Project A3

Language and Cultural Changes in the Macro-Region, Egypt, Sudan, Ethiopia

 


Project Leaders:

Prof. Dr. Marianne Bechhaus-Gerst
Institut für Afrikanistik
Albertus-Magnus-Platz
D-50923 Köln

Tel:
Fax:
 0221 / 470-2708
 0221 / 470-5158
ama23@uni-koeln.de

Prof. Dr. Gerrit Dimmendaal
Institut für Afrikanistik
Albertus-Magnus-Platz
D-50923 Köln

Tel:
Fax:
 0221 / 470-5762
 0221 / 470-5158
gerrit.dimmendaal@uni-koeln.de

Weber, Dr. Manfred
Seminar für Ägyptologie
Albertus-Magnus-Platz
D-50923 Köln

Tel:
Fax:
 0221 / 470-2562
 0221 / 470-5079
manfred.th.weber@uni-koeln.de

Researchers:

PD Dr. Reinhard Klein-Ahrendt
Prof. Dr. Karola Zibelius-Chen
Rafed El-Sayed

 

Research Area:

Egypt, Sudan, Ethiopia  (Map),

Information:

Publications
(Results based on research carried out by Dimmendaal in Sudan within A3 between 2002-2004)

 

Research Program

The reconstruction of early language and culture contacts in north-eastern Africa is the primary focus of this project. The area of investigation - north-eastern Africa (Egypt, Sudan, Ethiopia) - is viewed as an historically contiguous contact zone that stretches from Egypt in the north to the today linguistically heterogeneous borderland of Ethiopia and the Republic of the Sudan in the south. For the first time perhaps, Africanists and Egyptologists are closely working together in their attempt to reconstruct the complex migrational and cultural exchange patterns within a region that has been characterised by political relations and alliances as well as economic exchanges from very early times onward.

 

Current Activities

During a first research period the historical investigation primarily dealt with a systematic comparison of lexical items referring to pastoral activities as well as to food production in more than eighty Afroasiatic and Nilosaharan languages (see MAP).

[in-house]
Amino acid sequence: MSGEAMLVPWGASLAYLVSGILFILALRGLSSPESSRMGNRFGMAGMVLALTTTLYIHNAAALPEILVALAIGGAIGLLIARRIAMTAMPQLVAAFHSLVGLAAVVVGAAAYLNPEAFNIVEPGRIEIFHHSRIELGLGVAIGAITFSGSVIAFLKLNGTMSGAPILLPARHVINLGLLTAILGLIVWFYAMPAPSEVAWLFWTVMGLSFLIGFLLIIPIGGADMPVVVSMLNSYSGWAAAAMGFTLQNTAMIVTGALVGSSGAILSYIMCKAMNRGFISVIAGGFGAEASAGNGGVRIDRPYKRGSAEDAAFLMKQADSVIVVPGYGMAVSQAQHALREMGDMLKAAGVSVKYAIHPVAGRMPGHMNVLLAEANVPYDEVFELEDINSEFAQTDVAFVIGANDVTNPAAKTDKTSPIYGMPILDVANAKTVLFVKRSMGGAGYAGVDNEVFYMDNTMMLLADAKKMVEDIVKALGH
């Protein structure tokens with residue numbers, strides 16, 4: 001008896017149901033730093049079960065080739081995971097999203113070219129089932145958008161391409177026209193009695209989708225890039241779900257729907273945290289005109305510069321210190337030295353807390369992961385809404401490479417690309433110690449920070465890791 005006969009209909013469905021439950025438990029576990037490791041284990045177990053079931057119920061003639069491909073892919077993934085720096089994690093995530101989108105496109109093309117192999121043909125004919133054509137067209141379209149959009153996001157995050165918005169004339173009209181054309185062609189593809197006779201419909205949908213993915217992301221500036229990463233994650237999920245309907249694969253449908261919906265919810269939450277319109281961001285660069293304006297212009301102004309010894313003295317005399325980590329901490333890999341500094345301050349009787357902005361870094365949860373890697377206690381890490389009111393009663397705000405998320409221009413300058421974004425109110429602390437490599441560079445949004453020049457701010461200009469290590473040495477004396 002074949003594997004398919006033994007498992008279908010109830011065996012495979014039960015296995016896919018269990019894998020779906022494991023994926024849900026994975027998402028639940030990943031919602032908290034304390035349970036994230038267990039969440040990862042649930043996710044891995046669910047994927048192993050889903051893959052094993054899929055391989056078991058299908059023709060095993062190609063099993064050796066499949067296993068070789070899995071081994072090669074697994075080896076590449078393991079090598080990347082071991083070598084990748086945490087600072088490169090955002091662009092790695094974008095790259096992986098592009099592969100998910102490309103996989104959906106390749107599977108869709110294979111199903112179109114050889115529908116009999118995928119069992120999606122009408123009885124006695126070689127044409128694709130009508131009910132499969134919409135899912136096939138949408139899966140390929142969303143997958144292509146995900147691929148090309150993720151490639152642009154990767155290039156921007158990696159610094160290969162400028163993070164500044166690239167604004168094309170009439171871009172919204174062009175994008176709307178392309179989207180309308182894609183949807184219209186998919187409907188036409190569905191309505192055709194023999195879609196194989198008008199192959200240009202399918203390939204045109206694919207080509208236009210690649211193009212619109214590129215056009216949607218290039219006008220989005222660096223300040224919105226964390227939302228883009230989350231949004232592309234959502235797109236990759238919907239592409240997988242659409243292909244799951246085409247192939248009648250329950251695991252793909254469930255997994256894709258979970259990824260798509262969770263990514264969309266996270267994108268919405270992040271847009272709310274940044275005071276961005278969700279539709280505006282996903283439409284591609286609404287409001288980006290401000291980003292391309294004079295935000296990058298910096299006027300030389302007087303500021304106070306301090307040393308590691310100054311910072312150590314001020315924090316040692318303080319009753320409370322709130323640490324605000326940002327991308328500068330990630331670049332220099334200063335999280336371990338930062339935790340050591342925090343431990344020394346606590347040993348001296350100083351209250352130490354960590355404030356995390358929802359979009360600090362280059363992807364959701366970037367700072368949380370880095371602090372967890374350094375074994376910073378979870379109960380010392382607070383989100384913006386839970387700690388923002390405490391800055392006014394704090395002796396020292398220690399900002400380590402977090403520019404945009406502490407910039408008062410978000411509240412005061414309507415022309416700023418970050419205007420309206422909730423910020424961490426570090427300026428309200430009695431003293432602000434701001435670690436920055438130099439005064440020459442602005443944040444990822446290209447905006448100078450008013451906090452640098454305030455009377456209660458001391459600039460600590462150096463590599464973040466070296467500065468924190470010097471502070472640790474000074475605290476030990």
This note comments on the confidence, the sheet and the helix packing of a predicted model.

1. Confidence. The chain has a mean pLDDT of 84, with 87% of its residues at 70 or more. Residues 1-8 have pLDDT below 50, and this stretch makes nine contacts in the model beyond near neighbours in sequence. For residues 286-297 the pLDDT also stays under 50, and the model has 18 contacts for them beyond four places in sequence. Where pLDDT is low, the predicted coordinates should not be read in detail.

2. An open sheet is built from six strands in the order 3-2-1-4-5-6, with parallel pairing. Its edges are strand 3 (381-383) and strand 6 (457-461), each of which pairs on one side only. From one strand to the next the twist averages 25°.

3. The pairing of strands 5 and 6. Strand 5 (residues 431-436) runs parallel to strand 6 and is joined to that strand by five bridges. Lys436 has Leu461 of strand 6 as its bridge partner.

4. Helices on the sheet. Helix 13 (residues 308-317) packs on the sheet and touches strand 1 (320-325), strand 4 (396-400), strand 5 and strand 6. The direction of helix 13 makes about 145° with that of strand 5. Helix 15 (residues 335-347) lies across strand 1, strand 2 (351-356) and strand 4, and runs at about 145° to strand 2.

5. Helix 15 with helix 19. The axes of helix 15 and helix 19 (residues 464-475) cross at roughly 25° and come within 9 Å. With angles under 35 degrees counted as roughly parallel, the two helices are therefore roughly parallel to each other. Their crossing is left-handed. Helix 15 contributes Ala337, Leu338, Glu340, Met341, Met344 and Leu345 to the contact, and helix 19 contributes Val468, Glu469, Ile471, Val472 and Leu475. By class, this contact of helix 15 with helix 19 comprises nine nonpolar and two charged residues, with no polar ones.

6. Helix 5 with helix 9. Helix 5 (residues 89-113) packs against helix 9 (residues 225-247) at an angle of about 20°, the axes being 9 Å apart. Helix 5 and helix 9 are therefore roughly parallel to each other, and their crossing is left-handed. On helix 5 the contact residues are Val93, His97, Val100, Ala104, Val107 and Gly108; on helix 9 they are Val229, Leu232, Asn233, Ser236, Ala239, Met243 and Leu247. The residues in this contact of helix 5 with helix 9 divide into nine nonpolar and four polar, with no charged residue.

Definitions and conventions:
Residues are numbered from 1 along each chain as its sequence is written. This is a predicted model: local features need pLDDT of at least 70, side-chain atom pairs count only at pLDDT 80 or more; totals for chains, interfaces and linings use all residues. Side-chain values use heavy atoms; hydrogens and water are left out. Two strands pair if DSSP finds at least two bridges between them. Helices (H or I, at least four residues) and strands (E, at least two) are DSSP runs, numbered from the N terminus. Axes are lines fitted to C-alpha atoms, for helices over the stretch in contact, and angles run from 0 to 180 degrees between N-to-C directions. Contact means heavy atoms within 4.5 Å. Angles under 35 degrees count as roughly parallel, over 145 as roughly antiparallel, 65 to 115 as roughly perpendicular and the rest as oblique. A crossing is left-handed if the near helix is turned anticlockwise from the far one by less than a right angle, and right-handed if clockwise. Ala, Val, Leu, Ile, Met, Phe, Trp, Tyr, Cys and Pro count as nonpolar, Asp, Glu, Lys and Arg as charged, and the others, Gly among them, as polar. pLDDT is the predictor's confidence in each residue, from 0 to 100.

The aim in this case was to further investigate into the origins and early diffusion patterns of two primary subsistence modes, i.e. live-stock keeping and food production activities, among those population groups inhabiting the area during the Holocene, a topic also dealt with in related archaeological projects. The analysis of a large corpus of pictorial devices in early Egyptian sources further showed that there is a wealth of evidence for Egyptís connections to the south where reference is made to the countries, people and resources that coexisted, interacted with and were traded to their northern neighbour during the Ancient Egyptian period. During the current phase of research the historical linguistic study of culture and language contacts proceeds to later periods of north-east African history (3000 to 600 BC). At that time Egypt and the ethno-linguistically diverse regions located to the south of it must have come into closer contacts.One indicator for such a development is the rise and importance of the Meroitic kingdom which gained influence in the middle Nile area between the rivers Nile and Atbara even before its rulers conquered Egypt during the eighth century BC.

The study of ĎAfricaní toponyms, ethnonyms and loanwords within different semantic areas in both, the Egyptian and (Nilosaharan?) Meroitic languages, will provide important linguistic evidence for a more de-tailed reconstruction of bilateral relations between Egypt and the south. The large-scale lexical comparison of iron-working terminology in a number of Afroasiatic and Nilosaharan languages spoken in north-eastern Africa today finally contributes to the reconstruction of those cultural and economic innovations that seem to have originated in the region of Egypt/ Sudan/ Ethiopia and then spread to further regions in Africa during later millennia.


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